The Echo SHow with two people and a dog having a video call The captions read" Man w/Dog: "There's mama!"
This is an 8″ Amazon Echo Show receiving a call.

With COVID-19, you may have heard stories lately of seniors, people with disabilities, and those with health issues only being able to have “face-to-face” conversations with their loved ones through a window. But what if no one can get to their window,  and they are not technically savvy enough to do a video call like Messenger, Facetime, or Zoom? What if they do not have the cognitive or physical skills to dial the phone or push the button to answer?  At ND Assistive, we get questions like this all the time, especially now, and there are many great solutions. Today, though, I want to talk about one feature on one device, “Drop-in” calling with the Amazon Echo Show.

Drop-In Feature of the Amazon Echo Show

The Amazon Echo Show, one of the many Alexa voice assistants with a touch-screen display, has many benefits for seniors and for those with disabilities, but the “Drop-In” hands-free video calling is the pièce de résistance, in my opinion.  The Drop-In feature for the Echo Show allows a family member to video-call another, simply by saying something like “Alexa drop-in on Grandma”. Grandma only has to be within earshot of her Echo Show to be able to hear the call, which starts automatically. Then she can see and talk to whoever is on the call.  She does not have to touch the screen or say anything to accept the call.  The family member doing the calling sees the picture of Grandma slowly fade in, which gives Grandma time to prepare herself for the call.

Now, this whole thing may sound intrusive, but it all has to be set up ahead of time and permissions must be granted in the set-up by the users. Hence, no one will be able to do this unless you give them permission.  If a person has higher-level cognitive and memory skills, they can just enable the standard video calling feature. This feature will allow a person the choice to accept or ignore calls, as well as, to make them by voice, i.e. “Alexa call Dennis.”  Michael Simon from Tech Hive does a wonderful job explaining how to set up calls and which devices can be used to make and receive calls.

Video Demo

This video demonstrates how to answer a Drop-In video call on the Amazon Echo Show by doing absolutely nothing, which is great for seniors who shy away from technology, people with cognitive or physical disabilities, and more. This particular call was initiated from an Amazon Alexa app on the man’s phone with a command: “Drop in on Jeannie”. It was answered automatically because of permissions given beforehand. Calls can be ended on either end by saying a command like “Alexa, hang-up on Dennis” or by pushing the hangup button on the Alexa App.

Drop-in video calls would be great for:

  • Loved ones isolated in different parts of a house, nursing home, or the Country;
  • People with dementia who no longer understand how to answer or dial a phone;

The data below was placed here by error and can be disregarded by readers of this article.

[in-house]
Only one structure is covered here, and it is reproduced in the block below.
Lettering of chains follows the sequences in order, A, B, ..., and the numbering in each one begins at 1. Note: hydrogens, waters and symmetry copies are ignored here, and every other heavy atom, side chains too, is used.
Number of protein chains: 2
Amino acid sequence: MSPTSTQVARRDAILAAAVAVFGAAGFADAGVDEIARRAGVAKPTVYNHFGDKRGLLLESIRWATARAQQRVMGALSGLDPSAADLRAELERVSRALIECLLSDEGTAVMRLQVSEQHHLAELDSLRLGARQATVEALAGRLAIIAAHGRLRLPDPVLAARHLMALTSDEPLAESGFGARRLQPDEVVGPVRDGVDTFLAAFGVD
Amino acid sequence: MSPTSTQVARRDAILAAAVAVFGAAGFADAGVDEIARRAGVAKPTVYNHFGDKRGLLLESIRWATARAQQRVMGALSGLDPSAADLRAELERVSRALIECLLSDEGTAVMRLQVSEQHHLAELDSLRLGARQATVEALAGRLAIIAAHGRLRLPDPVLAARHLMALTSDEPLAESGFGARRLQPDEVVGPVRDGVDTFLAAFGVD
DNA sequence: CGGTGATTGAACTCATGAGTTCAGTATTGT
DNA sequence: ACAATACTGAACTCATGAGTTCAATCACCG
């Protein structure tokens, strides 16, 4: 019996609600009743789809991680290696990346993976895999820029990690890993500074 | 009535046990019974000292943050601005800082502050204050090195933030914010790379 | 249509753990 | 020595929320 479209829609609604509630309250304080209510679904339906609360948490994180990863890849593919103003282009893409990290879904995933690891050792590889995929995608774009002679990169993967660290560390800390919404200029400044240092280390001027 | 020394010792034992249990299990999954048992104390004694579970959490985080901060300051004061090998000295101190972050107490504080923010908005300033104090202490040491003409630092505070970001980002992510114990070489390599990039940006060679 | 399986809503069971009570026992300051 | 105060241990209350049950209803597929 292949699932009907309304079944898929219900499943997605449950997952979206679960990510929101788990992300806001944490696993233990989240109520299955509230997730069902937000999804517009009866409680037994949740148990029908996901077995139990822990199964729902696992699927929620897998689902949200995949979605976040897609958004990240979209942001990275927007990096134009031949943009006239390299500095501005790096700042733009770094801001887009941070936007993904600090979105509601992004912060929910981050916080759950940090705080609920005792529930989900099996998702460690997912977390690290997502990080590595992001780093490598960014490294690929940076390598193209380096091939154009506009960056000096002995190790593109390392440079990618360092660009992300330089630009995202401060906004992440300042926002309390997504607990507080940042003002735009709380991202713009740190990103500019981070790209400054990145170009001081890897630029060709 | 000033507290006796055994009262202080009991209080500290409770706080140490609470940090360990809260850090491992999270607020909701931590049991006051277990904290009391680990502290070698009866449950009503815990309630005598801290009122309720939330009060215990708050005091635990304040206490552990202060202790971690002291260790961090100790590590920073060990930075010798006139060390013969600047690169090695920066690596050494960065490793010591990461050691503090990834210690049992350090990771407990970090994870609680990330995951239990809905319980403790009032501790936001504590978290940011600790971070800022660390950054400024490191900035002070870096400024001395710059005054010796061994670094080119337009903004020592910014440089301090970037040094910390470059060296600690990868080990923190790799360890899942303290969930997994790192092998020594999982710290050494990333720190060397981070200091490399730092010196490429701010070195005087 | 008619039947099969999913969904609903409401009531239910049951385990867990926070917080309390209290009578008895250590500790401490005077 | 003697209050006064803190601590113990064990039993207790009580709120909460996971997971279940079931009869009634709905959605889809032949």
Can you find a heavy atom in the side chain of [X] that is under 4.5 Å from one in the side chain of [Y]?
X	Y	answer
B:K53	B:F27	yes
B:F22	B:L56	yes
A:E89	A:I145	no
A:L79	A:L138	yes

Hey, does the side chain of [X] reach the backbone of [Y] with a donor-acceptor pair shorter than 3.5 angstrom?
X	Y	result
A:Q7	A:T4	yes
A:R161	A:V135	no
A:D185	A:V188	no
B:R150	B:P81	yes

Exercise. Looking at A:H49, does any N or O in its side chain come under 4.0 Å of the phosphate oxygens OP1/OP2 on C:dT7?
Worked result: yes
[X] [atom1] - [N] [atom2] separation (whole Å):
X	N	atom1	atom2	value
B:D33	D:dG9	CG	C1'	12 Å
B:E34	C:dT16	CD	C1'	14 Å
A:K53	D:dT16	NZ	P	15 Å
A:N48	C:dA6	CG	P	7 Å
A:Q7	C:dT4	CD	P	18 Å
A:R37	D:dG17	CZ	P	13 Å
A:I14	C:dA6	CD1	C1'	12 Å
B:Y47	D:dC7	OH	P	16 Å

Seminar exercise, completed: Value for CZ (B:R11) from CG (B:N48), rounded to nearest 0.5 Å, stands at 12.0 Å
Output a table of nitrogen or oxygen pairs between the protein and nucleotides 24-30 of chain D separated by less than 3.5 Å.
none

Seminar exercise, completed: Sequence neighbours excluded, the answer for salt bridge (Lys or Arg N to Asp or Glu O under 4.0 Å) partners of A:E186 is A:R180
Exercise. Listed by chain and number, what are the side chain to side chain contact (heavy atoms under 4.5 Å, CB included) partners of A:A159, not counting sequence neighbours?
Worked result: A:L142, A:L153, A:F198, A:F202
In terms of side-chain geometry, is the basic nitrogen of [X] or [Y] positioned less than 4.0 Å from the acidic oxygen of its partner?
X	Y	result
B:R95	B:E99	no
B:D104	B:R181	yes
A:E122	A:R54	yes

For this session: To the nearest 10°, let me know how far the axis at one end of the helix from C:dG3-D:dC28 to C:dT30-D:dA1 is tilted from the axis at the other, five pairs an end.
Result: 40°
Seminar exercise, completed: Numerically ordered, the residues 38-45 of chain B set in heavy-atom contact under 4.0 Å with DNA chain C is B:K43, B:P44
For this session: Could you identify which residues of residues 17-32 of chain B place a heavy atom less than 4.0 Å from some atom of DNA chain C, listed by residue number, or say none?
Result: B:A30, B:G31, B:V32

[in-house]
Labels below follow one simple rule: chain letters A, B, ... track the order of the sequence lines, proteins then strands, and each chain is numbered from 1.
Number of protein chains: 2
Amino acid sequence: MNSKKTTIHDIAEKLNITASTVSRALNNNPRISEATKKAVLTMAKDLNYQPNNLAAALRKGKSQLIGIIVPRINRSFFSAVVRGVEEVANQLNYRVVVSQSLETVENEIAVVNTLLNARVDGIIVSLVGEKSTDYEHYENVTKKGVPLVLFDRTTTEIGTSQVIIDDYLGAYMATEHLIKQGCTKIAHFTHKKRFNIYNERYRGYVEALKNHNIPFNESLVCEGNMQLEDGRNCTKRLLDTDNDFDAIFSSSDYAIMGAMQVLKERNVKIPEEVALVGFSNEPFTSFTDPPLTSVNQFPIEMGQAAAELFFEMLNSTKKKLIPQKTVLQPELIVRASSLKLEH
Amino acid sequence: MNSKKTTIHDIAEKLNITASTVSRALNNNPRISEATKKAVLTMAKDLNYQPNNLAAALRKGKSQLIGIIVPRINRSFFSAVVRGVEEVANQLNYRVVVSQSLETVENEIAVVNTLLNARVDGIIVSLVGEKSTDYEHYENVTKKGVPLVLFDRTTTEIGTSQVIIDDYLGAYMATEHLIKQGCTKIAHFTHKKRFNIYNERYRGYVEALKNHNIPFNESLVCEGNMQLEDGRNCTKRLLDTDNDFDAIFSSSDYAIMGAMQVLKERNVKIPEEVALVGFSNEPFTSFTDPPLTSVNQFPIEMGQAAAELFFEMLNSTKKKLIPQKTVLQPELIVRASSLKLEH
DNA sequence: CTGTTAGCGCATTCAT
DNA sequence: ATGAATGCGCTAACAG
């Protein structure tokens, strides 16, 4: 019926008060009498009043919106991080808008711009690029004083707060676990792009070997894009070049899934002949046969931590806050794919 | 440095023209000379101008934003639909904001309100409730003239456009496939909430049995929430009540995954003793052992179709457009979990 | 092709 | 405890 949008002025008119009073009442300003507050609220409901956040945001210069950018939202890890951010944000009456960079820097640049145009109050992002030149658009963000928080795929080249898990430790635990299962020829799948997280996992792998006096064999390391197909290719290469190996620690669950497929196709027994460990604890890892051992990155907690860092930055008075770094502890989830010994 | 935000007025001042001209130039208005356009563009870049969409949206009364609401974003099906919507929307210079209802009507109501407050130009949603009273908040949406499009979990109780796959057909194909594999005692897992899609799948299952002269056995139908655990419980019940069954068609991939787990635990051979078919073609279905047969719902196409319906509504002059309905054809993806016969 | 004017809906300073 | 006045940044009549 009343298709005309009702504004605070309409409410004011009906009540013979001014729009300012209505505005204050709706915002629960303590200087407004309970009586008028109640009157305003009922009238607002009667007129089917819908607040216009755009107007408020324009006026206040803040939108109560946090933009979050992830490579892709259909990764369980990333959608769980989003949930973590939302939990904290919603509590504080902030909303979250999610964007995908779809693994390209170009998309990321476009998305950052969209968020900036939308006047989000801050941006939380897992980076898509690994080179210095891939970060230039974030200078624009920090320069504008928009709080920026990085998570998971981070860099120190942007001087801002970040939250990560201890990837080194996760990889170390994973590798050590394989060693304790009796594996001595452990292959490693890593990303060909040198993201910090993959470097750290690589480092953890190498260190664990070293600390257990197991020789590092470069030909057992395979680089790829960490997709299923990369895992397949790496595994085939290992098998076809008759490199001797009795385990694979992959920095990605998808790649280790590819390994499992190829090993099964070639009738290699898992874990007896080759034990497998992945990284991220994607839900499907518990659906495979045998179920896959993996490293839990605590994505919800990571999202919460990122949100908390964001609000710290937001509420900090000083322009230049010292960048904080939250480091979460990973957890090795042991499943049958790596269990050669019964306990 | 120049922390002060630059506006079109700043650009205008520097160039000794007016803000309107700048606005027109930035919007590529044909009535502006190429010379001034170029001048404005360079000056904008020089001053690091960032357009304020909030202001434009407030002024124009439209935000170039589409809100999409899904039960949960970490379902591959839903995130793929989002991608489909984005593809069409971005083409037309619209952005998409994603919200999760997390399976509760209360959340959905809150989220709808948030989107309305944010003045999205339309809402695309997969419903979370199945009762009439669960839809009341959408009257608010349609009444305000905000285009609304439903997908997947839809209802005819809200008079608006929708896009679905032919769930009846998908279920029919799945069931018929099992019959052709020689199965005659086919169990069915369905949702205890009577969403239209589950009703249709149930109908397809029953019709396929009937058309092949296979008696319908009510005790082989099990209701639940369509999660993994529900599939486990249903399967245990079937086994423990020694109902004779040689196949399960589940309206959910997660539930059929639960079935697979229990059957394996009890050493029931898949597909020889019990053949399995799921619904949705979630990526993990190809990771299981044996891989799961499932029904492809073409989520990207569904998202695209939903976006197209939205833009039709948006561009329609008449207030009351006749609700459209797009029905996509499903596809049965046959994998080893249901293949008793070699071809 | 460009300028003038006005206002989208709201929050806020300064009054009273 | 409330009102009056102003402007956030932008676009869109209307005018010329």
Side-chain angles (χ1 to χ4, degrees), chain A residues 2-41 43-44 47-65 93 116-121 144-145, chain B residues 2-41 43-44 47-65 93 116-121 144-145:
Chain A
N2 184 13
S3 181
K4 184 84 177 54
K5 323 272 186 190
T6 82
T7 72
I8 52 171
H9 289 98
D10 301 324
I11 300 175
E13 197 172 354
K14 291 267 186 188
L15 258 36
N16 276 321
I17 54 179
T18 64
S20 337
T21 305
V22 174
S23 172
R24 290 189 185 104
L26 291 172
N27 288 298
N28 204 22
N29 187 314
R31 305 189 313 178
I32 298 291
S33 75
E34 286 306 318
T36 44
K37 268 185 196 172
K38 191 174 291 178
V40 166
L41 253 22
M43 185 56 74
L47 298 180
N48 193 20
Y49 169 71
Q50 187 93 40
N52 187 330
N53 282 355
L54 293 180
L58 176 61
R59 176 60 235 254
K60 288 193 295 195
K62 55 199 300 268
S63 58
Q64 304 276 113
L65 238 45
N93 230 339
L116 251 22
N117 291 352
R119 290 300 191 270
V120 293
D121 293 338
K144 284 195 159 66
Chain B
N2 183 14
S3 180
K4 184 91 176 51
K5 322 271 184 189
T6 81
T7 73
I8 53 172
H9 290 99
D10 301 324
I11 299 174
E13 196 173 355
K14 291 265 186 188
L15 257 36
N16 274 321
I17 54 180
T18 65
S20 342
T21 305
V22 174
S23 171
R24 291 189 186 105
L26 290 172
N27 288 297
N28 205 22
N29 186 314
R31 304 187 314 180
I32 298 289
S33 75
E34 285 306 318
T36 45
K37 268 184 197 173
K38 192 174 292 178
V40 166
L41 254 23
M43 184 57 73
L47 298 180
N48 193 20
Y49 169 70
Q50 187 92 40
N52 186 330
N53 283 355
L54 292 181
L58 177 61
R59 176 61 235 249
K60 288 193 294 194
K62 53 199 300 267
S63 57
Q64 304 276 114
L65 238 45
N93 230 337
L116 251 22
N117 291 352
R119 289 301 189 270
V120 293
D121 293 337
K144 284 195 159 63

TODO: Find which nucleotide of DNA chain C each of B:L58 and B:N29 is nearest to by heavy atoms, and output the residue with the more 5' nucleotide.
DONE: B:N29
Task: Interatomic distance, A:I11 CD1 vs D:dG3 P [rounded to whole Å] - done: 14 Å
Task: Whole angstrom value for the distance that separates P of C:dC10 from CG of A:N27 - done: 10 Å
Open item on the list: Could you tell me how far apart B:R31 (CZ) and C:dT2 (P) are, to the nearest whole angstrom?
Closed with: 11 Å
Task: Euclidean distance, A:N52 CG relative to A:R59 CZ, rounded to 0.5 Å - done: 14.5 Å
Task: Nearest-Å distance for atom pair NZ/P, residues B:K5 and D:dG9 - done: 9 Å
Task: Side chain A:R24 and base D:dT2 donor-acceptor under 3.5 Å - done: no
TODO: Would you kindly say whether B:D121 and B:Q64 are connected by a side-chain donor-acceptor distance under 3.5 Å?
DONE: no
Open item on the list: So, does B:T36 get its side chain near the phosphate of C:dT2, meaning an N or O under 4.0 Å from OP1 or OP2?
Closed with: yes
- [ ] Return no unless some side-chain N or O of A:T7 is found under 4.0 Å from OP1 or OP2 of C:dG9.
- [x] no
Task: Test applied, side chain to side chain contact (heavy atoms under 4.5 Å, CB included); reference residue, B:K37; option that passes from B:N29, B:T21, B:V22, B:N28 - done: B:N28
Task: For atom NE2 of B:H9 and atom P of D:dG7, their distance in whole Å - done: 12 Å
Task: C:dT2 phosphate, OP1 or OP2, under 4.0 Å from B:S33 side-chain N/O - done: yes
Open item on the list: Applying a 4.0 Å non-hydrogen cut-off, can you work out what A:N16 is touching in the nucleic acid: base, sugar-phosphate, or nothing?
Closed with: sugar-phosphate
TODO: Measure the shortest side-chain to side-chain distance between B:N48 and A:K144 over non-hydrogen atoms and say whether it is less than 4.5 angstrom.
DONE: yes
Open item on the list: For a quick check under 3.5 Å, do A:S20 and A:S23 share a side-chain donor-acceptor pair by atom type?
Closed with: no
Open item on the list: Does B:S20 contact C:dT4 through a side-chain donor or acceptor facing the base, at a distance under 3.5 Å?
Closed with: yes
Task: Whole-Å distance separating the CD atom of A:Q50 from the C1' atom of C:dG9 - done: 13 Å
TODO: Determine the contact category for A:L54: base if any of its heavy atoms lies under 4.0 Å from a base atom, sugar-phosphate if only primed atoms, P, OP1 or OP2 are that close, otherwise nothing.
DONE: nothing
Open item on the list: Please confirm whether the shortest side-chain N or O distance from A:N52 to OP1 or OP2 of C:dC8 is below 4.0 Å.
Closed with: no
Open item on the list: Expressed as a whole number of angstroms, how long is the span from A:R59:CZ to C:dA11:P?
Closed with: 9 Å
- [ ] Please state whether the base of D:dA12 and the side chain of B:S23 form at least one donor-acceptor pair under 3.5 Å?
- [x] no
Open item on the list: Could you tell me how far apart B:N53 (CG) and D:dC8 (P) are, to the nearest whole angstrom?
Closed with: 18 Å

• People with a physical disability who cannot use a standard phone or tablet for video;
  • People who just don’t want to deal with technology but would LOVE a face-to-face video call from the “fam”;
  • People with a cognitive or hearing loss who cannot understand you without reading lips, seeing facial gestures, or sign language;
  • People with mental health needs who could really use a great “in-person” visit; or
  • When you need to SEE the “Just Listen, Linda” kid in your family because a flip phone just won’t cut it!

How to Get the Echo Show to a Loved One, COVID-19 Style

So with this Pandemic, how do you get near your loved one to even set it up? Even though it is a piece of cake for the person receiving the call to use, someone will still have to set it up. Here are some suggestions.

User’s Wi-Fi Network and Password is Known

Well, fortunately, you can set up the Show before you ship it or deliver it as long as you know the Wi-Fi network name and password.  Amazon has some good directions. 

If you do not know the Wi-Fi information

  • If there is someone at the person’s home that can follow-step by step instructions to set it up, you can walk them through on the phone or provide them with an instruction sheet.
  • Another way would be to go to their home, to the outside only, of course, and somehow plug it into an external power source within Wif-Fi range, like the garage, and finish the setup.

User Has No Wif-Fi

I recently learned the following from Eliza Anderson, AT3, and Therese Willkomm, the New Hampshire AT Program. If you have a tech-phobic loved one who doesn’t have the internet, one solution is taking an old smartphone and using it to create an internet hotspot (if they’re not in a cell service dead zone). You can add a line to your cell plan, and plug the phone in somewhere unobtrusive in the home for continuous power.  Activate the “personal hotspot” option in settings and connect the Echo Show. I thought this was a great idea.  I  tried it with my Echo Show, and it works very well.

Ways to Obtain the Echo Show

The Echo Show is available from Amazon and other retailers in 3 different sizes (5″, 8″, and 10″). The 10″ screen would be a nice size for someone with low vision. If funding is difficult, we have several programs that might help including our Specialized Phone Program for those North Dakotans who qualify. If you just want to try it, we do have a few in our short-term equipment trial program. You can also request a virtual demonstration over video. Please reach us at info@ndassistive.org or 1-800-895-4728.

About Author

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Jeannie Krull is the Program Manager for ND Assistive (formerly IPAT). She is an ASHA certified speech/language pathologist and a RESNA certified Assistive Technology Professional, who has worked with people with disabilities of all ages since 1991.